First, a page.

VANCOUVER (Reuters) - A Canadian judge on Tuesday rejected Taser International Inc’s bid to quash the findings of a government inquiry that said stun guns could be lethal and which urged police to restrict their use.
The British Columbia Supreme Court dismissed Taser’s argument that safety concerns about the weapon expressed by the inquiry were unreasonable as well as the company’s assertion that it was treated unfairly in the lengthy inquiry.
“It is quite clear to me that there were presentations made to the (inquiry) commissioner by medical experts and others to the effect that such weapons can cause serious harm and even death in exceptional circumstances,” Judge Robert Sewell ruled.
The stun guns - which are also known as conducted energy weapons - are designed to incapacitate a target with a jolt of up to 50,000 volts of electricity. They are marketed as a nonlethal alternative to traditional firearms.
The weapon’s critics say the shock can cause the human heart to fail, and that medical issues have not been studied adequately.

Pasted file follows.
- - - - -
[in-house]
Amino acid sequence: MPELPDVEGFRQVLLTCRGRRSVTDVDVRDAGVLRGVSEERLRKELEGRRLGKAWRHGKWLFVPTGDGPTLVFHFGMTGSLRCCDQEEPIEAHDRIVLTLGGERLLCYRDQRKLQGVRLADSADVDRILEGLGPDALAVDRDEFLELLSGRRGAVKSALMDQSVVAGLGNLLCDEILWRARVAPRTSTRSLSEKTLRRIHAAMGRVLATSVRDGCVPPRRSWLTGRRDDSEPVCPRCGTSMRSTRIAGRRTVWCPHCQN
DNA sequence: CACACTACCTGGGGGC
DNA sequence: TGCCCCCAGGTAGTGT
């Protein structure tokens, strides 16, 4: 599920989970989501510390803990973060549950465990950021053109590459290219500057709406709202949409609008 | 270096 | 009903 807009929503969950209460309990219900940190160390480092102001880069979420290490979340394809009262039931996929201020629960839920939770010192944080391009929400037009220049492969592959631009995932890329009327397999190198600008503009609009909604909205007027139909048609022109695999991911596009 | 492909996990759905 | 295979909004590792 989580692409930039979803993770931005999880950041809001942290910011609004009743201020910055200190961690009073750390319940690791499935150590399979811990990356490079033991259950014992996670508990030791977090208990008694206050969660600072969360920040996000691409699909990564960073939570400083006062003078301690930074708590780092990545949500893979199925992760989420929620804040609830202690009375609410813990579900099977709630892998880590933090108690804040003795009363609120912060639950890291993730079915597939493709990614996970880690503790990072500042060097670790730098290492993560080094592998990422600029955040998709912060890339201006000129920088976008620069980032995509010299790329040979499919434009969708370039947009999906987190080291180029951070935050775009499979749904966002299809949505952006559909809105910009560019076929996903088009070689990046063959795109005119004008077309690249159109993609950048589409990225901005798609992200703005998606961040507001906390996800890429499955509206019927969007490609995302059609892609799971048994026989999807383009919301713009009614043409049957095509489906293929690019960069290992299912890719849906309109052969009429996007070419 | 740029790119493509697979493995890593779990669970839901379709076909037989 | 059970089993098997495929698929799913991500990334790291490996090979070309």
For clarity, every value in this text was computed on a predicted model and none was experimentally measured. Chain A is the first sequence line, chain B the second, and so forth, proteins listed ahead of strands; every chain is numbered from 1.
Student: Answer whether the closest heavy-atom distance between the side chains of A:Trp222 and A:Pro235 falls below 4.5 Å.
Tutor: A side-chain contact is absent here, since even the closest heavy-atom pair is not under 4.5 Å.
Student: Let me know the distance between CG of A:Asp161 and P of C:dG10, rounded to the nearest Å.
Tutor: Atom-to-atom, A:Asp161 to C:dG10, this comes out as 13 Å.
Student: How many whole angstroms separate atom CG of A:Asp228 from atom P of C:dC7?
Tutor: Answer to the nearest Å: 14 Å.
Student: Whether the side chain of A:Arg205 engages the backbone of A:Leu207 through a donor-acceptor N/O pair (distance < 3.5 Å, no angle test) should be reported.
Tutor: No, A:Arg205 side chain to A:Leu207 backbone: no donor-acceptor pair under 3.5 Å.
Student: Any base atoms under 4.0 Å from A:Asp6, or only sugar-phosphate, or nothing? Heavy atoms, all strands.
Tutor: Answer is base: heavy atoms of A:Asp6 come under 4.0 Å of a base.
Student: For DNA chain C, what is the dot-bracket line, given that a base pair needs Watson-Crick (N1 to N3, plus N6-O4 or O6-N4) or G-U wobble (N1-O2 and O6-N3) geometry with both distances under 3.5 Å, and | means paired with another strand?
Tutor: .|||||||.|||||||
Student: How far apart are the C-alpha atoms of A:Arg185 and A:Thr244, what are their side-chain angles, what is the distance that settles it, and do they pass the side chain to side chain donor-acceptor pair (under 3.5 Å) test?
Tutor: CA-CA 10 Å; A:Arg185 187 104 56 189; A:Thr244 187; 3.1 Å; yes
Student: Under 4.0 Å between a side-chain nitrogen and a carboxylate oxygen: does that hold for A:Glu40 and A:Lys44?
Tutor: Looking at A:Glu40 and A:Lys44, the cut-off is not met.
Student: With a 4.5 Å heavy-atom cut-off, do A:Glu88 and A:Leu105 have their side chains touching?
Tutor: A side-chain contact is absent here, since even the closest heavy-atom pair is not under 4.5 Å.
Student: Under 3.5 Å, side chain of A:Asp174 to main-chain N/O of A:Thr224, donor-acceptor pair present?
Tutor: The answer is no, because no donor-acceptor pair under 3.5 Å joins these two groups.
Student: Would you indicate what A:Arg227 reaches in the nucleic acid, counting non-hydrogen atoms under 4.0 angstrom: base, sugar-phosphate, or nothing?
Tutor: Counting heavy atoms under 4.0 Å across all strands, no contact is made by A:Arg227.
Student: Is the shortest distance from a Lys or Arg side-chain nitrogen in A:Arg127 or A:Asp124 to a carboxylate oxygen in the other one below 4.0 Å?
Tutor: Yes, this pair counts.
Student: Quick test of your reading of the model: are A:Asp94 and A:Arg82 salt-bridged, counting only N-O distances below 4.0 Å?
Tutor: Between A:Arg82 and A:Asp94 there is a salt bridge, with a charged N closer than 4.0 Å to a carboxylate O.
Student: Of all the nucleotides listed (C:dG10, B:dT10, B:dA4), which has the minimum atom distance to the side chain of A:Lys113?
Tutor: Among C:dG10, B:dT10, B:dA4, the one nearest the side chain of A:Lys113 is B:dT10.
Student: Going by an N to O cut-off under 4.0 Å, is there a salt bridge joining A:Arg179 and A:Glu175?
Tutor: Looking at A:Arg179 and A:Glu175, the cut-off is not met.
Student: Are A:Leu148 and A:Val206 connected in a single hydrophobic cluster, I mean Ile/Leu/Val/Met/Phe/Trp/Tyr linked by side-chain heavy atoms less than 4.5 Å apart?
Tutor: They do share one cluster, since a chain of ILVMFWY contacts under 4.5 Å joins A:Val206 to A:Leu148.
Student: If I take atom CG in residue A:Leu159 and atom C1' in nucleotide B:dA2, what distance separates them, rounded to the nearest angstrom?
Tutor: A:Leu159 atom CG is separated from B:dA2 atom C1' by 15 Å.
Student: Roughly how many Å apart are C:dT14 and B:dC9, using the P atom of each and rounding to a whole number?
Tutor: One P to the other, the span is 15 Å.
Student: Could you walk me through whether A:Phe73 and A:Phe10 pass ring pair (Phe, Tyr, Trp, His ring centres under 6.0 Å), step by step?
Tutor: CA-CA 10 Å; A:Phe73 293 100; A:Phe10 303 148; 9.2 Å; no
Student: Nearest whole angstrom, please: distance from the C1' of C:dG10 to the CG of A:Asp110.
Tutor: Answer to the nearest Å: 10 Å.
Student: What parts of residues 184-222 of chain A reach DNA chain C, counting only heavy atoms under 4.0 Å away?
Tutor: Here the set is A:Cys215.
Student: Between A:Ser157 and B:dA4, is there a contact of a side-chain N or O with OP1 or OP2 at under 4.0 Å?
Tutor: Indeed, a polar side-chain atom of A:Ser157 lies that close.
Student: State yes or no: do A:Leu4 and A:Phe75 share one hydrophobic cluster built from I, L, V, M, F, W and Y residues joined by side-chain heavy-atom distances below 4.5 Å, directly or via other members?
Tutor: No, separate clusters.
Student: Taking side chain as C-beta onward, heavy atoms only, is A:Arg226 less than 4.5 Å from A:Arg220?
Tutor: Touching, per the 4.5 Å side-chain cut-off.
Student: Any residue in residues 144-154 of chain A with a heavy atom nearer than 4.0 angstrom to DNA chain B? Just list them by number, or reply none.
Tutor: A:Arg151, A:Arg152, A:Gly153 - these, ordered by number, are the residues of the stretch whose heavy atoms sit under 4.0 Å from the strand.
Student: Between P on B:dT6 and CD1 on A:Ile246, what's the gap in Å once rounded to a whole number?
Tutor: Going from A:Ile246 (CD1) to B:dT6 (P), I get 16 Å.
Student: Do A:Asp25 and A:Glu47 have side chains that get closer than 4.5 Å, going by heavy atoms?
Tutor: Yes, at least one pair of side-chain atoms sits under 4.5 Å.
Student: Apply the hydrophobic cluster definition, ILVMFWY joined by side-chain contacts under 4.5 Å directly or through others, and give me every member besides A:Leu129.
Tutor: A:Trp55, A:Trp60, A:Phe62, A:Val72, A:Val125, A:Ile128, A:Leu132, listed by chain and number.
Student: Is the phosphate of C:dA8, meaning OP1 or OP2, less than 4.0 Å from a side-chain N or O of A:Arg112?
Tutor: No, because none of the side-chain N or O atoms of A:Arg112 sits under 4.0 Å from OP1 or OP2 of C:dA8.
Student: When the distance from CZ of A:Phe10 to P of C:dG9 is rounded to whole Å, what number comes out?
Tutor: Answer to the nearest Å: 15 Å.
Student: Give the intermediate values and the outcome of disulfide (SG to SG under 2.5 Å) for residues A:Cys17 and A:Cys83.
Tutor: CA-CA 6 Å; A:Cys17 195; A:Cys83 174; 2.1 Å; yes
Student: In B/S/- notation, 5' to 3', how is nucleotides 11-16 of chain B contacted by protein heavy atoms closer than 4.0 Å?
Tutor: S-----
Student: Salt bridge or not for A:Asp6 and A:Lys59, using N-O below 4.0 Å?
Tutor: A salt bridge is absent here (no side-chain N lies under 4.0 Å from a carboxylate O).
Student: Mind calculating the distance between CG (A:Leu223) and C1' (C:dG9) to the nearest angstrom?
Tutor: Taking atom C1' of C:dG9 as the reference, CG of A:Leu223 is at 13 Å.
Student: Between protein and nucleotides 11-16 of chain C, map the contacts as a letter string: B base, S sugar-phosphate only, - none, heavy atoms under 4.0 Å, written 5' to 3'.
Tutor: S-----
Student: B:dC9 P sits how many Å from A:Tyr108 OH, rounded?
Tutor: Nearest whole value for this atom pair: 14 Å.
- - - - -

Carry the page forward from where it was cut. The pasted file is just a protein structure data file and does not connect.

The British Columbia provincial government launched the inquiry after the death of Polish immigrant Robert Dziekanski at Vancouver airport in an incident in which police shot him with a stun gun several times.
Taser argued that the inquiry had not considered safety studies supplied by Arizona-headquartered company and said that the Taser weapons it manufactures had never caused any deaths. It complained the inquiry’s findings could cost it sales.
David Neave, a lawyer for Taser, said a decision would be made on whether to appeal the court’s ruling after it had been studied.
Sewell ruled Taser had been allowed to participate fully in the inquiry’s hearings, and that inquiry Commissioner Thomas Braidwood, a retired judge, had never accused the company of misconduct.
Sewell also questioned Taser’s claim that its sales had been hurt by the inquiry, noting Braidwood had recommended police be allowed to keep using stun guns while more independent medical studies were done.
Braidwood recommended police restrict their use of Tasers to cases of serious crime or to instances when the target posed a clear threat to the public. It also said police should avoid shooting the gun’s electric probes near a person’s heart.
Taser itself adopted some of Braidwood’s recommendations on the weapon’s use in a product safety note to customers, government lawyers argued during the trial.
Reporting Allan Dowd, editing by Peter Galloway